WHO: Gareth Hinds, 34, of Somerville
WHEN: Two weeks in September
WHY: ''I'd always wanted to go, but the reason to go now is I'm starting a graphic novelization based on 'The Merchant of Venice,' and I wanted to draw backgrounds from life," said Hinds, who writes long-form comic books adapting classic novels.
VIEWS OF VENICE: ''Most of the time in Venice was totally unstructured because I wanted to draw," Hinds said. ''I stayed at the Hotel Bernardi, which was very tidy and the people were extremely friendly and helpful." On his trips, Hinds takes a couple sketchbooks, pens, a charcoal pencil, and a mechanical pencil. ''The book is probably going to be black and white, or two-color, but I took photos in case I needed color reference later." Hinds, whose drawings can be seen at www.garethhinds.com and www.thecomic.com, sought out locations ''where there are several interesting views in one place. That's pretty much everywhere in Venice."
VERONA'S GOOD SIDE: ''My first day in Verona I didn't have a great impression, because it was way too modern to use the way I did Venice," Hinds said. ''They do have these ancient Roman ruins plunked in the middle of town, which is cool, but they're pretty isolated in the midst of fashion shops and camera stores. But the second day I liked more. I went to the other side of the river and there was a nice garden, ruins, and nice views back to the other side of town."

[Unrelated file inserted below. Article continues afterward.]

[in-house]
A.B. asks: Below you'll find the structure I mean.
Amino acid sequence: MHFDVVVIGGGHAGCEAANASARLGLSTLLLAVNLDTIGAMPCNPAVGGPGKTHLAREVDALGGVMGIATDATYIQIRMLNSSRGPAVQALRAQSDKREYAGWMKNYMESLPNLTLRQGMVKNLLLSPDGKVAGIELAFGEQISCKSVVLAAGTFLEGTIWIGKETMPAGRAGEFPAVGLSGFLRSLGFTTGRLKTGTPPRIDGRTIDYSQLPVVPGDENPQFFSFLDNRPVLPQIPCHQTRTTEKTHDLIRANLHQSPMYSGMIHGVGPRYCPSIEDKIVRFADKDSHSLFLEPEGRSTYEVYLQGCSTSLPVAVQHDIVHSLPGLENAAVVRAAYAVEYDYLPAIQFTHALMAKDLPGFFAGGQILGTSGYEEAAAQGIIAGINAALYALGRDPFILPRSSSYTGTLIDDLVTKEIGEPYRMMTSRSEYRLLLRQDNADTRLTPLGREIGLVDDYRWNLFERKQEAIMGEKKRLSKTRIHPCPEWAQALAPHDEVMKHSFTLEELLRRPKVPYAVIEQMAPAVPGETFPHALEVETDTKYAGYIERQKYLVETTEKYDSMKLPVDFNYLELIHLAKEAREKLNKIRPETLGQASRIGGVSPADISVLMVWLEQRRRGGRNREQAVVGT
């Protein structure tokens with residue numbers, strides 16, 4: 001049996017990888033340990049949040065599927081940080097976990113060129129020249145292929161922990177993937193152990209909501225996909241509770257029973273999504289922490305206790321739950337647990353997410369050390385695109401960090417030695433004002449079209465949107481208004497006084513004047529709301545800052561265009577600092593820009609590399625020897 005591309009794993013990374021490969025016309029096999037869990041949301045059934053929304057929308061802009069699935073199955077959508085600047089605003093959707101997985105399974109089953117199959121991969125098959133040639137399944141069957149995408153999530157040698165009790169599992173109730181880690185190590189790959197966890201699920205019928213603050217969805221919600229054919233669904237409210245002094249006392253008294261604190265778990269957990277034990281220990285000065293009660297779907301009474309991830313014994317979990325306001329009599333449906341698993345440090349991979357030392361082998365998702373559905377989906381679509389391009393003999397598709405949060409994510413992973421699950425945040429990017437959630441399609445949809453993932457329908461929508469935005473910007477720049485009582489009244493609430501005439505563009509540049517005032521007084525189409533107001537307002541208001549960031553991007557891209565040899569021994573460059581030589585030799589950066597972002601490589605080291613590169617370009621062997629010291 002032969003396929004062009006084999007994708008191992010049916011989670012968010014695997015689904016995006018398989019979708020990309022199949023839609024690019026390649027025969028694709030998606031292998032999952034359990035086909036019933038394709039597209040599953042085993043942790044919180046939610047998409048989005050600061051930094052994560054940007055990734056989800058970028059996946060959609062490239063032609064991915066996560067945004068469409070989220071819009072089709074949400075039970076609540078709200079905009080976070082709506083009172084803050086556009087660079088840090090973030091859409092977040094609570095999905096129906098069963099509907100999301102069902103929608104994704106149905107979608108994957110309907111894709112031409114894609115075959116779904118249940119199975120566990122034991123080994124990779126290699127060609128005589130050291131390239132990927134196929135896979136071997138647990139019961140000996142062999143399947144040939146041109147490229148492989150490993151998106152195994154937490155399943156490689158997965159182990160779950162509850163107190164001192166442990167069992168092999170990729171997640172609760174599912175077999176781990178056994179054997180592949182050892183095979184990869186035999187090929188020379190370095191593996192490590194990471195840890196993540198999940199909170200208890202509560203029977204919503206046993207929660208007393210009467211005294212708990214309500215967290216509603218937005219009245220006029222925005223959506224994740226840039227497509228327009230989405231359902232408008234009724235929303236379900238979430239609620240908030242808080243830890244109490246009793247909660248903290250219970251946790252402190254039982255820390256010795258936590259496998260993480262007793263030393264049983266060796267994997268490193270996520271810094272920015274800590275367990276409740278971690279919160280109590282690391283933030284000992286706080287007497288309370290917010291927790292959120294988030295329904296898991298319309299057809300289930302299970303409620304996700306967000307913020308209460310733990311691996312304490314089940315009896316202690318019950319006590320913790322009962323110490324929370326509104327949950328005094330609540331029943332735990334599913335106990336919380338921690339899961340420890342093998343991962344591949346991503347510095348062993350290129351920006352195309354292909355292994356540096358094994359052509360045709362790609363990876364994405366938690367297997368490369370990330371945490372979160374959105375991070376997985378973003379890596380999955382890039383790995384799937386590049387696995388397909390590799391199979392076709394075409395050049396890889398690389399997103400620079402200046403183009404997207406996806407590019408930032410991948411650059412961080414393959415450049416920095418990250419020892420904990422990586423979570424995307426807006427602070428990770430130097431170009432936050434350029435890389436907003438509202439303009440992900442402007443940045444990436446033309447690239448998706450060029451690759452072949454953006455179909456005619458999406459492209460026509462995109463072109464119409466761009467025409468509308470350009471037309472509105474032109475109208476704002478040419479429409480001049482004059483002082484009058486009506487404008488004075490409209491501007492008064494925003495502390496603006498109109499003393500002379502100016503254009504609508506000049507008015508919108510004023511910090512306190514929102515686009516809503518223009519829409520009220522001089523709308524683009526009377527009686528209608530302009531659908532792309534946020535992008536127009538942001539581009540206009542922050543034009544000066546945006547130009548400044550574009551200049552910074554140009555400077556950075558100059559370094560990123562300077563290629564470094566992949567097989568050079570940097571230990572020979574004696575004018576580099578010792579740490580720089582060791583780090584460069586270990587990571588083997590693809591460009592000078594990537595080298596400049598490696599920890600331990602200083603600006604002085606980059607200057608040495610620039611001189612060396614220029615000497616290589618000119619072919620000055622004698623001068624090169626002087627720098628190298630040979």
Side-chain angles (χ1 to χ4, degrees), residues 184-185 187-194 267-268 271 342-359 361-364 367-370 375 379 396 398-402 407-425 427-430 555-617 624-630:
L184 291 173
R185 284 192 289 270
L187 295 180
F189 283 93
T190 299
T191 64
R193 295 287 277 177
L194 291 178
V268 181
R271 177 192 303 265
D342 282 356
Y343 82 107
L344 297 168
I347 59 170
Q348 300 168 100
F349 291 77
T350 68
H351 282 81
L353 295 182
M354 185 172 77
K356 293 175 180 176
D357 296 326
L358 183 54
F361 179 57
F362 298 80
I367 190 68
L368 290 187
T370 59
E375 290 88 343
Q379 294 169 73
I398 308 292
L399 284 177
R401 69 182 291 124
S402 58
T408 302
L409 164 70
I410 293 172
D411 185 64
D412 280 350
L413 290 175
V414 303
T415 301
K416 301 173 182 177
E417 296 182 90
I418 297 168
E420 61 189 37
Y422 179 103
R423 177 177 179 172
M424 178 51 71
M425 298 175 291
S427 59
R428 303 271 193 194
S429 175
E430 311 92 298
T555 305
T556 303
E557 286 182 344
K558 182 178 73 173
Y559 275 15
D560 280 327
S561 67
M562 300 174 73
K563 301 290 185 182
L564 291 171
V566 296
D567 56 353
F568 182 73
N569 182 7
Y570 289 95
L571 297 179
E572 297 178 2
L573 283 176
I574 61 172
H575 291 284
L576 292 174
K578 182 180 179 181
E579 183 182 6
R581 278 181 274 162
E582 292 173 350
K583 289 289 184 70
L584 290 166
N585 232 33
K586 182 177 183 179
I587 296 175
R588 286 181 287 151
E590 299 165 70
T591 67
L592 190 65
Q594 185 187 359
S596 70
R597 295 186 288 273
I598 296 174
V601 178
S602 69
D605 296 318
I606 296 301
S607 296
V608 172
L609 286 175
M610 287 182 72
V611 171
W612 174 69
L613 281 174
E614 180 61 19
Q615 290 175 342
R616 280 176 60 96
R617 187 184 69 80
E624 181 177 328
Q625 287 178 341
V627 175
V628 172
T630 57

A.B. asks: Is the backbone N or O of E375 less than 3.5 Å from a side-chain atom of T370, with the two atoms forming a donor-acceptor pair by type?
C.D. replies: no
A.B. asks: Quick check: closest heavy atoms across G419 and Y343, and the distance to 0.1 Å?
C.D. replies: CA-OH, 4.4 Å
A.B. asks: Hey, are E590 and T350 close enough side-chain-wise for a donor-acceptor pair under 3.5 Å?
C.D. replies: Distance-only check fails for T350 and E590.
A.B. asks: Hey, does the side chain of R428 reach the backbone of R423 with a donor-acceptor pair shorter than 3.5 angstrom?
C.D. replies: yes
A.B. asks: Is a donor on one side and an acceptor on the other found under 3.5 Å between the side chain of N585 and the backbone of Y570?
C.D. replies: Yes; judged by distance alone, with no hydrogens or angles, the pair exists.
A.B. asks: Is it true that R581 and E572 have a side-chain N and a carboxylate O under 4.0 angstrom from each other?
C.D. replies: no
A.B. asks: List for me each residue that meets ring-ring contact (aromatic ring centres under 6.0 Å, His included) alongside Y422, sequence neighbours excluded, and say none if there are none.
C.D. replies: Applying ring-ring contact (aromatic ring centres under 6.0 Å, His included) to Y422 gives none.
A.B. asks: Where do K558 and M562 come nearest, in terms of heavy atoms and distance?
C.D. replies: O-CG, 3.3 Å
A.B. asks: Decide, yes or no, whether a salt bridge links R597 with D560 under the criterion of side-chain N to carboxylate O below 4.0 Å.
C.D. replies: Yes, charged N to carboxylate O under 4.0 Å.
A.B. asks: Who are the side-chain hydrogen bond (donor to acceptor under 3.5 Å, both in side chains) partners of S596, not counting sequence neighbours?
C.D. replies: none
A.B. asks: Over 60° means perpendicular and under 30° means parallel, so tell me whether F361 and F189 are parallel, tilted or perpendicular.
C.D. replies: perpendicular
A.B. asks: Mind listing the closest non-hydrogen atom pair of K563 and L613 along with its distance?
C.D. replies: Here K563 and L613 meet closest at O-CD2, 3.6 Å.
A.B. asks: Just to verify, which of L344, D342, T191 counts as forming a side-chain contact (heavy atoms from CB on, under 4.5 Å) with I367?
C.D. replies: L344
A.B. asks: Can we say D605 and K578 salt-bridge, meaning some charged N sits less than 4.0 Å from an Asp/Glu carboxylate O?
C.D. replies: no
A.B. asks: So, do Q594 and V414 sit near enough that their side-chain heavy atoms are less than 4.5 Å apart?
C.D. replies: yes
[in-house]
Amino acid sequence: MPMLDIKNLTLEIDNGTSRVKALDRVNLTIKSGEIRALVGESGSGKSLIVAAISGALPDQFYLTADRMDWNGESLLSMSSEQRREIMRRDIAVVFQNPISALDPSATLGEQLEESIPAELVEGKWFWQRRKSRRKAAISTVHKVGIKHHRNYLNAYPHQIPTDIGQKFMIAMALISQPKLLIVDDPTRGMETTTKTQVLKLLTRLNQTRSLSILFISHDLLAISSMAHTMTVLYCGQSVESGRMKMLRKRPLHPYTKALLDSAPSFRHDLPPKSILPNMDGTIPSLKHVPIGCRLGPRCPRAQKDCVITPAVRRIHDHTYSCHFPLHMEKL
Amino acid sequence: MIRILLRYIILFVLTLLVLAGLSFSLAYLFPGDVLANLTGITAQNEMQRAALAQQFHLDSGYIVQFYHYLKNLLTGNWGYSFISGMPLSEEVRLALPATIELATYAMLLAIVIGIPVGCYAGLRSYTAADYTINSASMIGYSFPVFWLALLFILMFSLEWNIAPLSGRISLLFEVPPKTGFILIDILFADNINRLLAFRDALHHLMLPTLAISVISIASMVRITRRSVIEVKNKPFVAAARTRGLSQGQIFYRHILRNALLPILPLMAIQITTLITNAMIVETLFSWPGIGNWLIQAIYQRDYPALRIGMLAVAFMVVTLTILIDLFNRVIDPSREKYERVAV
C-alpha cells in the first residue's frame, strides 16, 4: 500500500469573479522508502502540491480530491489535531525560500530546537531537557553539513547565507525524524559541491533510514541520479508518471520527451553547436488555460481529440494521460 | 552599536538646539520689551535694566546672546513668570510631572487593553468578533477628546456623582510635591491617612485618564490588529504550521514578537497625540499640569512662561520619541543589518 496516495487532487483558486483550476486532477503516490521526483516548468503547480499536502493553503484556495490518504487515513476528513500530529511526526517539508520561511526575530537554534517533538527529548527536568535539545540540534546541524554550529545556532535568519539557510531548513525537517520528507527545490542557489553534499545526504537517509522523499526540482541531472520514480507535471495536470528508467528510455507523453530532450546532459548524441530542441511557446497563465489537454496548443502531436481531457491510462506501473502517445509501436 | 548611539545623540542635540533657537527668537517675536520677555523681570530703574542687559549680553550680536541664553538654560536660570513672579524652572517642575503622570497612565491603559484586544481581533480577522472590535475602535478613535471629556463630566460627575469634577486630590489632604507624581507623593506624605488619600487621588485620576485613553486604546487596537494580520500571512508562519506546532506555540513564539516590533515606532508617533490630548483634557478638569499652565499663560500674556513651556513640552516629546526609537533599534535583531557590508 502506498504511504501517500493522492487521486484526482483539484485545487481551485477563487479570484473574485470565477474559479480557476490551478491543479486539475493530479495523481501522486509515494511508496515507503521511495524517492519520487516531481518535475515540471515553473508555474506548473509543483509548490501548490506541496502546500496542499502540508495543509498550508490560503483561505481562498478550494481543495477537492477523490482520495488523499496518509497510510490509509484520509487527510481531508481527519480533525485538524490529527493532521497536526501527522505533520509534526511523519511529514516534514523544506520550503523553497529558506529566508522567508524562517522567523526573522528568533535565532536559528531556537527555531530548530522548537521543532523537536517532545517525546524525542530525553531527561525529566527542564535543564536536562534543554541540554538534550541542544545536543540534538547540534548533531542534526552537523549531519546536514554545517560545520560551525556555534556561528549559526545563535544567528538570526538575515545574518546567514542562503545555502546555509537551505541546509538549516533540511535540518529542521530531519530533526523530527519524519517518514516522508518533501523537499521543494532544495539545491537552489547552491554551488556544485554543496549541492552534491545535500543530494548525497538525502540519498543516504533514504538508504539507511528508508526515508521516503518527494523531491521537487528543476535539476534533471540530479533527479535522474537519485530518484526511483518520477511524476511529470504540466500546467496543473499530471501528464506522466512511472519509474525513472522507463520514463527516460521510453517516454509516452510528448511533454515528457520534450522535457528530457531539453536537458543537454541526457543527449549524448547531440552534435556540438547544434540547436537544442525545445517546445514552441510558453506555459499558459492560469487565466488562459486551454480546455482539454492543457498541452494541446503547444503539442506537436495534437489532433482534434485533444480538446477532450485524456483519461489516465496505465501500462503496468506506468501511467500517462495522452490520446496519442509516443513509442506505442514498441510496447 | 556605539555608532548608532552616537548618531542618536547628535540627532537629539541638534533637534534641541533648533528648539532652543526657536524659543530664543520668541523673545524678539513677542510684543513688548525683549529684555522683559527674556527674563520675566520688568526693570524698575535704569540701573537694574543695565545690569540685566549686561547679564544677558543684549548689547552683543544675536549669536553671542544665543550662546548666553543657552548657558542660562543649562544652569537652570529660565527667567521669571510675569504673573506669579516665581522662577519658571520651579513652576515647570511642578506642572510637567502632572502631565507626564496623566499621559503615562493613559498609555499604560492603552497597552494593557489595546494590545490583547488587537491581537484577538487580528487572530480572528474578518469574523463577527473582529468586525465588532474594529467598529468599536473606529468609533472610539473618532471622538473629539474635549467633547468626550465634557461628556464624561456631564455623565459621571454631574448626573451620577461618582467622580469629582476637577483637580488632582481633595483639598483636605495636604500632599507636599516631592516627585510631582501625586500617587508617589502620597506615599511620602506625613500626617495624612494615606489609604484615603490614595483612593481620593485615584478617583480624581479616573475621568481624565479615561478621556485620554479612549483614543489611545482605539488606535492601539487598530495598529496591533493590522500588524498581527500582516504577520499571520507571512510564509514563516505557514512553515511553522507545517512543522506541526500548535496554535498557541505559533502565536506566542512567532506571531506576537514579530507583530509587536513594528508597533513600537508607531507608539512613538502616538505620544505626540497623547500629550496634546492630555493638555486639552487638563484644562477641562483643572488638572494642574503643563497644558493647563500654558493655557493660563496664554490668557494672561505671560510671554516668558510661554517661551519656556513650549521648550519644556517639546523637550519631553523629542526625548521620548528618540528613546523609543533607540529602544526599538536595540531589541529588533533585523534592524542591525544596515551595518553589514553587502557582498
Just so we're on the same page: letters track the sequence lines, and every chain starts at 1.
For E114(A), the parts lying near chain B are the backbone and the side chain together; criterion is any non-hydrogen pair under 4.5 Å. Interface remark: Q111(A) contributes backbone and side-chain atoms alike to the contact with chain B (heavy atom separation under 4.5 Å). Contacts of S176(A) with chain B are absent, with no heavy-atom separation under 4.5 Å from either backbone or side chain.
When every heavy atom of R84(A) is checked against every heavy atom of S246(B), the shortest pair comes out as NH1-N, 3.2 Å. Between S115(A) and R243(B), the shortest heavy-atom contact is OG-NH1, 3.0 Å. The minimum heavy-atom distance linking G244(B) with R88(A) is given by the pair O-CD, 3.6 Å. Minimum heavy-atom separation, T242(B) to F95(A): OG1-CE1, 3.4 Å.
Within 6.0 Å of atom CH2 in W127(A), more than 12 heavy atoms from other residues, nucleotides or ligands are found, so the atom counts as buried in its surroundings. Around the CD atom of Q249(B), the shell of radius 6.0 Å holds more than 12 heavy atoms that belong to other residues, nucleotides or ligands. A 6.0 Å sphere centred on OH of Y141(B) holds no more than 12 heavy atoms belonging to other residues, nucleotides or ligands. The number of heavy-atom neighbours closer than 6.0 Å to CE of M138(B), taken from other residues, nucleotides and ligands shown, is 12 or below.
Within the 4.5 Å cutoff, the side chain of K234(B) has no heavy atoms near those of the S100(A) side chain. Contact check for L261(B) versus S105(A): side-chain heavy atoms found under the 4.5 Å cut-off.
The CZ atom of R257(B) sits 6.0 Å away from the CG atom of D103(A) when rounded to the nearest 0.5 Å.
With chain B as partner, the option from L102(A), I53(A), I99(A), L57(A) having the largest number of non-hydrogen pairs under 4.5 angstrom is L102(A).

OVER THE TOP: ''Florence is basically an overload of art. There's so much art it's ridiculous," he said. ''I did the dome tour of the Duomo, where you climb to the top. I did a long, complicated drawing of rooftops from up there." A friend, Wes Carroll, flew in from San Francisco, and after touring the city together for two days, they rented a car and headed north to the mountains.
BIKES AND BOARS: ''It was the best and worst part of planning that I'd gotten a B&B," Hinds said of their stay at Rustico Sara in the Tuscan province of Lucca. ''The view was drop-dead gorgeous, but we couldn't go anywhere easily." On borrowed bicycles, they explored villages (''tiny towns with five stone buildings and a church"), passing vineyards, and spying wild boars.
BACK TO THE DRAWING BOARD: Back in Venice, they stayed with a friend on Giudecca Island. ''It's a quiet part of town, and used to be the warehouse district," Hinds said. They went to two other islands, Torcello and Burano. ''Torcello had a couple of very old churches and a sculpture courtyard, and Burano was like Venice but painted in a bright Mediterranean way." Hinds had a few more days to draw after Carroll headed home. ''At that point Venice started doing its flooding trick. St. Mark's Square is the first thing that floods. One day it was under 6 inches of water and the next, 10 inches. They put out these walkways that are about 18 inches off the ground. All the locals were out in their big rubber boots, like it was no big deal."